138automatically on reply or resolve.
139
140Before we do that, we can use more chart features to find out more about
141what's going on. The "Group by" portlet allows us to set multiple criteria,
142so in the second set of dropdowns we'll select LastUpdatedBy and Name
143and click 'Update Chart'.
144
145=for html <img alt="General Owner LastUpdatedBy Chart" src="images/general-owner-lastupdated-chart.png">
146
147=for :text [General Owner LastUpdatedBy Chart F<docs/images/general-owner-lastupdated-chart.png>]
148
149=for :man [General Owner LastUpdatedBy Chart F<docs/images/general-owner-lastupdated-chart.png>]
150
151Now we can see that our culprit seems to primarily be the root user, who
152is getting a bunch of work done but isn't taking tickets. Maybe we just
153need to remind root to take tickets.
154
155=head2 Using Multiple Group Bys
156
157As you can see in the previous example, RT's charts allow you to define
158multiple criteria for grouping data from your search results. In many cases,
159grouping multiple levels of criteria can reveal interesting and useful graphs.
160To give you the greatest flexibility possible, the RT interface allows you
161to select from nearly all ticket values, but not all combinations of group
162by criteria will make sense or create a helpful chart. If you select some
163options and produce a chart that looks jumbled, consider again what
164you're trying to visualize from the data.
165
166
167=head1 Calculated Values
168
169The Calculate section of the RT charts interface allows you to generate
170charts with calculated time values. You can select time values used in time
171tracking (e.g., TimeWorked) and calculated values from the various timestamps
172on tickets like Created, Resolved, etc. Once you have selected the values or
173ranges you want to view, you can choose to see an Average, Total, Maximum,
174Minimum or a summary presenting them all.
175
176=head2 Viewing Ticket Response Times
177
178As described above, the Calculate section allows you to pull out durations
179like how long it took for tickets to be opened, which is the difference
180between Created and Started. To create a chart with this information,
181we first create a new search to return all resolved tickets for a select
182group of queues we're interested in. You could also add some date criteria
183to narrow the search to a range of time as in the previous example.
184
185After getting our result set and clicking on Charts, we select
186Queue from the "Group by" section so we see data grouped by the queues we
187selected. In the Calculate section we select Created-Started from the
188first dropdown and the Summary option from the second dropdown and click
189"Update Chart".
190
191This generates a detailed chart with a bunch of time data for all of the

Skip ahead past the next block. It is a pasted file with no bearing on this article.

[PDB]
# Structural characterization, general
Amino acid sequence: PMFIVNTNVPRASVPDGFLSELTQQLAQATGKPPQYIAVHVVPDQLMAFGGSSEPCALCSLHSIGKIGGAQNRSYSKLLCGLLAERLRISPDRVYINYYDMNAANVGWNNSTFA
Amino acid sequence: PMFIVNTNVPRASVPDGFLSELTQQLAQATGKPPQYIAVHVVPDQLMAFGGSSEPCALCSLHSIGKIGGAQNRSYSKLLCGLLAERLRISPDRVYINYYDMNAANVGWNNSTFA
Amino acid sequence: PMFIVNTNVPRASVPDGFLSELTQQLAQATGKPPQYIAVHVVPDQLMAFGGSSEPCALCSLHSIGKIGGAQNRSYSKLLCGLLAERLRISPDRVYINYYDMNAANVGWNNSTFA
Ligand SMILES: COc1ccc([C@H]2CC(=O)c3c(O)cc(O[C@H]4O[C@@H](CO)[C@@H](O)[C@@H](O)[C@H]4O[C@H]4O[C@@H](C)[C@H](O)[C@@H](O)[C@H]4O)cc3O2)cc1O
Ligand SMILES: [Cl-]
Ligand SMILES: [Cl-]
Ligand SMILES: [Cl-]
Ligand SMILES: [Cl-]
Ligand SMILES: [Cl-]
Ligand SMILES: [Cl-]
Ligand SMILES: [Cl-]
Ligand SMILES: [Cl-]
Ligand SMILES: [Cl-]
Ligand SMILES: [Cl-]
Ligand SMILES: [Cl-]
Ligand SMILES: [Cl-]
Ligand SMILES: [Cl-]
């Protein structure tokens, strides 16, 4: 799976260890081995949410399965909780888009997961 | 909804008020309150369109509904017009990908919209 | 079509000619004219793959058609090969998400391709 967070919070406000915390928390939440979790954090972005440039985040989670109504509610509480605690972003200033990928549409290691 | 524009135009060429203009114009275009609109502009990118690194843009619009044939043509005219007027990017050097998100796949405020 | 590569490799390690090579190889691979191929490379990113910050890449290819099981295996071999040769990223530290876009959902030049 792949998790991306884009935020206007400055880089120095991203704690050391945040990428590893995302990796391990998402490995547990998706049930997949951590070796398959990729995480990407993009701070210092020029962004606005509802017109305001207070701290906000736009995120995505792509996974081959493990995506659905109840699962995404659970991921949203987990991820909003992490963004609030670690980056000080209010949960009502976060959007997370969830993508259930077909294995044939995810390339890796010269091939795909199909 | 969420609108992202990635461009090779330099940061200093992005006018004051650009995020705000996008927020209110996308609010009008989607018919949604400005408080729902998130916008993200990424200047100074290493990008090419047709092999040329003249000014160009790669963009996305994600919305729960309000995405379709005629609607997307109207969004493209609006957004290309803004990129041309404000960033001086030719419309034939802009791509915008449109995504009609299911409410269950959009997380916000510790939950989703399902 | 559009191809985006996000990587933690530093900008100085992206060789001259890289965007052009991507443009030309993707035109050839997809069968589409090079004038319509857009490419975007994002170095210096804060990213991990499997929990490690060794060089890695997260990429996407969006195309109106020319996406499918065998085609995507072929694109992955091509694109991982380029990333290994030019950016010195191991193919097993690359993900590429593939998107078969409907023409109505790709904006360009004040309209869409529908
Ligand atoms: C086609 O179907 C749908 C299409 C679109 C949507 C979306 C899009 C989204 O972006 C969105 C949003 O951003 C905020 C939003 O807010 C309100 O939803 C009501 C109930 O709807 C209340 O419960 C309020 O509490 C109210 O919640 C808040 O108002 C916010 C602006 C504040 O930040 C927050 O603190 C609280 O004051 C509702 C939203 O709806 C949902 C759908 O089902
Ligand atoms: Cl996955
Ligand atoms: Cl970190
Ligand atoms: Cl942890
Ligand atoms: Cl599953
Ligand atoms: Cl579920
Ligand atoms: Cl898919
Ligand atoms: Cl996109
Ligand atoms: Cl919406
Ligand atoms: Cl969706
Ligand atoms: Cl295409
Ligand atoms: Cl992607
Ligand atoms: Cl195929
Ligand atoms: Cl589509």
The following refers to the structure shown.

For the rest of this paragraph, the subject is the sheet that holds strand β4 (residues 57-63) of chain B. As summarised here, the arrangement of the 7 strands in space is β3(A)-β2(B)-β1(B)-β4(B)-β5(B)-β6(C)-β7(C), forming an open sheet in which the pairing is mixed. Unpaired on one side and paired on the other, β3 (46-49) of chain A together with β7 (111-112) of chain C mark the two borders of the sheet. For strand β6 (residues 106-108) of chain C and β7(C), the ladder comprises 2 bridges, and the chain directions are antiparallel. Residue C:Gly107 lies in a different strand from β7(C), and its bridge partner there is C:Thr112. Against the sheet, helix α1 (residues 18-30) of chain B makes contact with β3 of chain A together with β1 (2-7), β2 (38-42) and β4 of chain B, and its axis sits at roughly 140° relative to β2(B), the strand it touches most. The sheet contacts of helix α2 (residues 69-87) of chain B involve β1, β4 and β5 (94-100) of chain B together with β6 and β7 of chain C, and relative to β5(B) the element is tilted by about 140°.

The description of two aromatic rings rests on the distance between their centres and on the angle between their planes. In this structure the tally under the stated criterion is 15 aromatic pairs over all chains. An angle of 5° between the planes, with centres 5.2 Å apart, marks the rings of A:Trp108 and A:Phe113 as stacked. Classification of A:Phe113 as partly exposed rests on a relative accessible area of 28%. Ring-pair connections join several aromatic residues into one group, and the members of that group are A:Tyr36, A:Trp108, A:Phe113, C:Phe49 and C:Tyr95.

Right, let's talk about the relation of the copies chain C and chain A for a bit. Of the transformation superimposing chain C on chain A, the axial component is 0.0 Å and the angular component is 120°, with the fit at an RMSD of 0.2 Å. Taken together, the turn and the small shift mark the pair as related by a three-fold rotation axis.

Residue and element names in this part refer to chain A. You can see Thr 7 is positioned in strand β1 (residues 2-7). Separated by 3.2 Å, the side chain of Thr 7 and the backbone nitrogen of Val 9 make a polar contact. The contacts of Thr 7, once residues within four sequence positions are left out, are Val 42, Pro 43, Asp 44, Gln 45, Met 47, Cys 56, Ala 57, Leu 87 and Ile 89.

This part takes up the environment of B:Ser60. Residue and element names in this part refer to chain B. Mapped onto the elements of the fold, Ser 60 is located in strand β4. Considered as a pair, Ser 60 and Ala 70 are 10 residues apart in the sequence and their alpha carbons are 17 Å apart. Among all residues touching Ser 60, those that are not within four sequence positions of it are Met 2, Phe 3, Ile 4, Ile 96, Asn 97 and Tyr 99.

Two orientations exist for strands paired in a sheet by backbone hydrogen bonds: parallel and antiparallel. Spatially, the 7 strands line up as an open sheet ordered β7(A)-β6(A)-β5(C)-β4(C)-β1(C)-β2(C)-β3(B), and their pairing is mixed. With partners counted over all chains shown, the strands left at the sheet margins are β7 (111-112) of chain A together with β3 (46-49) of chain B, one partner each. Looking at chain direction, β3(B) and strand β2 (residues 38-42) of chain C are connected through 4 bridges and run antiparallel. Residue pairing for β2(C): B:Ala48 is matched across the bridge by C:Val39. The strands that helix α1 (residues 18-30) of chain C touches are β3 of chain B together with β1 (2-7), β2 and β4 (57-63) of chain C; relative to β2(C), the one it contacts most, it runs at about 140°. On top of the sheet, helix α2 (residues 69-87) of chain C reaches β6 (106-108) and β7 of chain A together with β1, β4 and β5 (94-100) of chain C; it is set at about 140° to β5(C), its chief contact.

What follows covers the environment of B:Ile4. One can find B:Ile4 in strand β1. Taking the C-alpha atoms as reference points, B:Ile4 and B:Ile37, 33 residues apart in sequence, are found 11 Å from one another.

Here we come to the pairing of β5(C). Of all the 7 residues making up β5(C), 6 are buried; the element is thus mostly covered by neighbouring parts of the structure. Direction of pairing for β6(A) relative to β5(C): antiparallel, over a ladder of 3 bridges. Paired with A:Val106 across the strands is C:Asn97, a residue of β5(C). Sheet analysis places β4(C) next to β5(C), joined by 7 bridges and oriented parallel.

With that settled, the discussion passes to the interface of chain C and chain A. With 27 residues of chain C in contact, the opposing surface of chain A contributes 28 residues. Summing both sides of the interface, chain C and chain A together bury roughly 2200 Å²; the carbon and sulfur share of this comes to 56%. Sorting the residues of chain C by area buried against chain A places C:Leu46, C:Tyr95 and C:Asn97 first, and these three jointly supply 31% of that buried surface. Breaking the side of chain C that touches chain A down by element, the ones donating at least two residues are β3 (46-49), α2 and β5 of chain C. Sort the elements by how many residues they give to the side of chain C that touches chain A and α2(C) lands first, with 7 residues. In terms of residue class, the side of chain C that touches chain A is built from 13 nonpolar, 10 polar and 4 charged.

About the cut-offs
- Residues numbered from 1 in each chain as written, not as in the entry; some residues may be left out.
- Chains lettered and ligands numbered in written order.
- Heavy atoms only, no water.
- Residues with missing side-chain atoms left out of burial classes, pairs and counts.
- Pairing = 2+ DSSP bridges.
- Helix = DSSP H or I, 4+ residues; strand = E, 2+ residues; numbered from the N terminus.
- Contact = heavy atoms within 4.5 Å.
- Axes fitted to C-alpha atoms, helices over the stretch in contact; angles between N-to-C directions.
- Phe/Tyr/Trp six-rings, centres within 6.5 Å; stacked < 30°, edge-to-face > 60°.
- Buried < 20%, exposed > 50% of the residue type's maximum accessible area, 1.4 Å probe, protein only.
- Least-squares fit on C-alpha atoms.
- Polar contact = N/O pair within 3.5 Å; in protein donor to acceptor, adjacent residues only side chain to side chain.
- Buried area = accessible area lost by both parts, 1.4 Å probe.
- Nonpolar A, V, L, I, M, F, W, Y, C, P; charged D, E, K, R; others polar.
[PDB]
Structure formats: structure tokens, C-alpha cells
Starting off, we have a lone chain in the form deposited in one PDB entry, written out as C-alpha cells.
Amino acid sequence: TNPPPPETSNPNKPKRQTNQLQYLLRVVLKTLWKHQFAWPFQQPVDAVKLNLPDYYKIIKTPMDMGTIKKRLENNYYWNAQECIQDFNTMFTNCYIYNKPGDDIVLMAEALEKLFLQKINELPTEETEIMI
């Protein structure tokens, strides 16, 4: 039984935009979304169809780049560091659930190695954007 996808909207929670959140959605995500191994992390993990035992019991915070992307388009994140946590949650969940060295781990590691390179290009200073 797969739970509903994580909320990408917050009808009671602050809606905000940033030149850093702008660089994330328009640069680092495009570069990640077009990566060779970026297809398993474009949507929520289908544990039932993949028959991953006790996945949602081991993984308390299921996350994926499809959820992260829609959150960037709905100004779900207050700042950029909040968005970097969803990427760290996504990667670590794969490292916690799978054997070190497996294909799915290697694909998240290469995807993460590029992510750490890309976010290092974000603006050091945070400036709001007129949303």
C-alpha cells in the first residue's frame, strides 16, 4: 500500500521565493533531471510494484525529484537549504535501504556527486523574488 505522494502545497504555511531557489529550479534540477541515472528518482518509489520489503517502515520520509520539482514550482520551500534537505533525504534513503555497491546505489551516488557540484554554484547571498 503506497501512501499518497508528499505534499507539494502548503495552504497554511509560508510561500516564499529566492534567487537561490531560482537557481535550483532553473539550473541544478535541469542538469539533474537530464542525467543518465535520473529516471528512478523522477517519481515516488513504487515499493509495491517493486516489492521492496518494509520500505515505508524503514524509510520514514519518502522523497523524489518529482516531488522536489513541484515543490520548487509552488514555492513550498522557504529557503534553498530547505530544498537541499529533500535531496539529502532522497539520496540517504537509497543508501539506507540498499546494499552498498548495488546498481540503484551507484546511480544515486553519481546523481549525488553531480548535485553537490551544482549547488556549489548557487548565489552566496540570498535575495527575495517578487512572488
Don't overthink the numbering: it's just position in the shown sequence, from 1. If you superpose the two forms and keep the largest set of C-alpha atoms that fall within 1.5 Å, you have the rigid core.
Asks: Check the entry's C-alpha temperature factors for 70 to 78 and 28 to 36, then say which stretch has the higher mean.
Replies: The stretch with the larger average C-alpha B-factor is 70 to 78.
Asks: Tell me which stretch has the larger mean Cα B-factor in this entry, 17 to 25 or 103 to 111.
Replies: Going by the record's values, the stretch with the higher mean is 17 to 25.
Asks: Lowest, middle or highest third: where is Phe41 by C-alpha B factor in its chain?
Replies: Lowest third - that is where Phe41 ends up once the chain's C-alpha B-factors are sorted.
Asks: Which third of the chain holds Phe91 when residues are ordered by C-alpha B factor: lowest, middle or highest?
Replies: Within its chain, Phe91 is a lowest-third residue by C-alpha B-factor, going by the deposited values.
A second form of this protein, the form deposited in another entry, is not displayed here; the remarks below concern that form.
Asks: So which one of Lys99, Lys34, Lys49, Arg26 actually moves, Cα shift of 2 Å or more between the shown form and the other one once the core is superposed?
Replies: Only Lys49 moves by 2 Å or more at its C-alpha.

192queues we selected in our search. It's a little busy, so we might look at
193some of the other display options available in the second dropdown.
194What we're really interested in is the average time from Created to Started,
195since this will give us a general idea how long it's taking people to
196initially respond to requests.
197
198The second dropdown in the Calculate section has an option for
199"Average Created-Started". If we select that and update the
200chart, we see a nice graph of average time for tickets to be opened across
201all of the queues we selected.
202
203=for html <img alt="Queue Created Started Chart" src="images/queue-created-started-chart.png">
204
205=for :text [Queue Created Started Chart F<docs/images/queue-created-started-chart.png>]
206
207=for :man [Queue Created Started Chart F<docs/images/queue-created-started-chart.png>]
208
209Now perhaps we also want to see how long tickets stay active. In the Calculate
210section you can add Started-Resolved to the first "and then" and select
211"Average Started-Resolved" from the second dropdown. Click "Update Chart"
212and you've now got a graphical view of how long, on average, tickets are
213waiting to be opened and how long people are working on them.
214
215If you use RT for time tracking, you can create similar useful charts
216using TimeEstimated, TimeWorked, and TimeLeft.
217
218=head1 Chart Style and Size
219
220Charts default to a bar style, but you can display data as a pie chart
221by selecting pie in the "Picture" portlet. You can also adjust the width
222height of the generated chart by entering a size in pixels. These width
223and height values are saved if you save the chart and are used if
224you include the chart on a Dashboard as well.
225
226=head1 Saving Charts
227
228Much like searches, you can save charts once you get them configured the
229way you want. The Privacy setting determines who else on the RT system
230will be able to see your saved charts. Note that this setting applies only
231to the chart itself and not necessarily the data included which may still
232be blocked from other users.
233
234To save a chart, select a Privacy setting, give it a Description and click
235Save. Once saved, you can retrieve the chart later by coming to the chart
236page and selecting it from the "Load saved search" dropdown and clicking
237Load.
238
239When you save a chart, it also becomes available to the Dashboard interface.
240This allows you to go to Home > New Dashboard and create a Dashboard that
241shows the chart you have created. This can be very useful for charts you
242want to monitor frequently or create for others.
243
244If you need to change a chart, load it, make your changes, then click
245Update. Delete deletes the saved chart and will also remove it from all
246Dashboards that are using it.